The establishment of the academic field of Food Studies is an indication that food in society plays other important roles other than only for human survival. This has led to a number of authors writing scholarly articles as well as fictional tales, depicting the other overlooked roles of food in the society. An American novelist ‘Charles Johnson’ has published three collections of short stories. In one collection, we find a short story “Dr. King’s Refrigerator,” which is inspired by food. The sociocultural role that food plays is shown. Another piece of work on food is a journal article produced by Martin F. Manalansan IV. He is an Anthropologist specializing in Asian American Studies, Latin American, and Caribbean studies, at the University of Illinois. He is also an author, who has written on topics such as gender, and food. One of his works on food is the “Prairescapes: Mapping food, loss, and longing.” In this article, Manalansan also depicts food as playing different roles from that of human survival. In this paper, I will use these two works to enforce food as a powerful social tool, with special social functions.
Many people overlook the other functions of food due to lack of knowledge. Charles Johnson’s “Dr. King’s Refrigerator,” is a fictional story of one Martin Luther King, Jr. He is busy looking for a theme for his Sunday sermon when he suddenly feels hungry and heads to his refrigerator for a snack. He finds food that prepared by his wife for her visitors the next morning. Seeing a variety of food, King suddenly starts making all sorts of connections with this food. The foods are from different world regions, and he is fascinated at how this food connected him to these world regions. The connection he feels is a pure interaction of Buddhism in the ideals of the Baptists. Charles Johnson writes, “Then he slowly put the apple down, feeling not so much hunger now as a profound indebtedness and thanksgiving- to everyone and everything in Creation” (Johnson 3). This also portrays Charles Johnson’s writing style as unique. He leaves the readers with pictures in the mind. The quote also brings out the fusion of religions, in this case, Buddhism and Baptist. The appreciation of nature and the belief that nature indirectly joins humans is a Buddhism notion that is felt by a Baptist preacher.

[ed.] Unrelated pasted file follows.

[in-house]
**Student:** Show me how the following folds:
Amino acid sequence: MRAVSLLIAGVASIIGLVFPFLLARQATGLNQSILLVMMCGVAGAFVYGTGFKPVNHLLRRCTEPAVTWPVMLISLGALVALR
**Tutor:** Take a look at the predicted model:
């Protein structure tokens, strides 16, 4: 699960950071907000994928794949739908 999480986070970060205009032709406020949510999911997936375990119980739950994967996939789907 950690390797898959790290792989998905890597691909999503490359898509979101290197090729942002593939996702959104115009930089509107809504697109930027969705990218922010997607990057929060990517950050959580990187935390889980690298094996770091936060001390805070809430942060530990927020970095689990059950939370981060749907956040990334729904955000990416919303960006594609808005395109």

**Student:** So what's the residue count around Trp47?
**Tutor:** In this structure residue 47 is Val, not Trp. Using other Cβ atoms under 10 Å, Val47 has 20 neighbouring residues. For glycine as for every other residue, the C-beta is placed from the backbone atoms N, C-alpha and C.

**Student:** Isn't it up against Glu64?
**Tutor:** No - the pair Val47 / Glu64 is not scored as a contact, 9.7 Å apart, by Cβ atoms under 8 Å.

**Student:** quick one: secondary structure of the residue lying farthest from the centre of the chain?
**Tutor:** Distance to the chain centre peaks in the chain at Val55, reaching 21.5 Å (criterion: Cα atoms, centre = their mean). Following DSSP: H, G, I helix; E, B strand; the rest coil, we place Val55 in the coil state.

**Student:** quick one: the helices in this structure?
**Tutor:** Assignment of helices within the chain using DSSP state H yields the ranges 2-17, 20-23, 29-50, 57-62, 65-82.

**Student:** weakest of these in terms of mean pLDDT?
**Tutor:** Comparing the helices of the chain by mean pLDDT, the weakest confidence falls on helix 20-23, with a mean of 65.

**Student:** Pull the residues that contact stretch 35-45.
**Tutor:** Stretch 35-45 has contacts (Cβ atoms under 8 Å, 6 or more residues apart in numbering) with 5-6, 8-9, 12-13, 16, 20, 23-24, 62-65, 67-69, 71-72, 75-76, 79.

Charles John has widely employed symbolism to point out the other roles that food plays, He uses food to symbolize the cultures and the people from where they were grown. Johnson writes, “All of human culture, history, and civilization laid unscrolled at his feet, and he had only to step into his kitchen to discover it. He looked around the disheveled room, and he saw in each succulent fruit, each slice of bread, and each grain of rice a fragile, inescapable network of mutuality in which all earthly creatures were codependent, integrated, and tied in a single garment of destiny” (Johnson 3). Here, Johnson tries to emphasize that people should adopt a new way of perceiving at nature as human beings connect through nature. One does not have to be physically present in France in order to experience their culture. We can experience other people’s cultures, innovations, and civilization, by simply owning their products and eating their food. This shows that human beings are closer to each other than they think.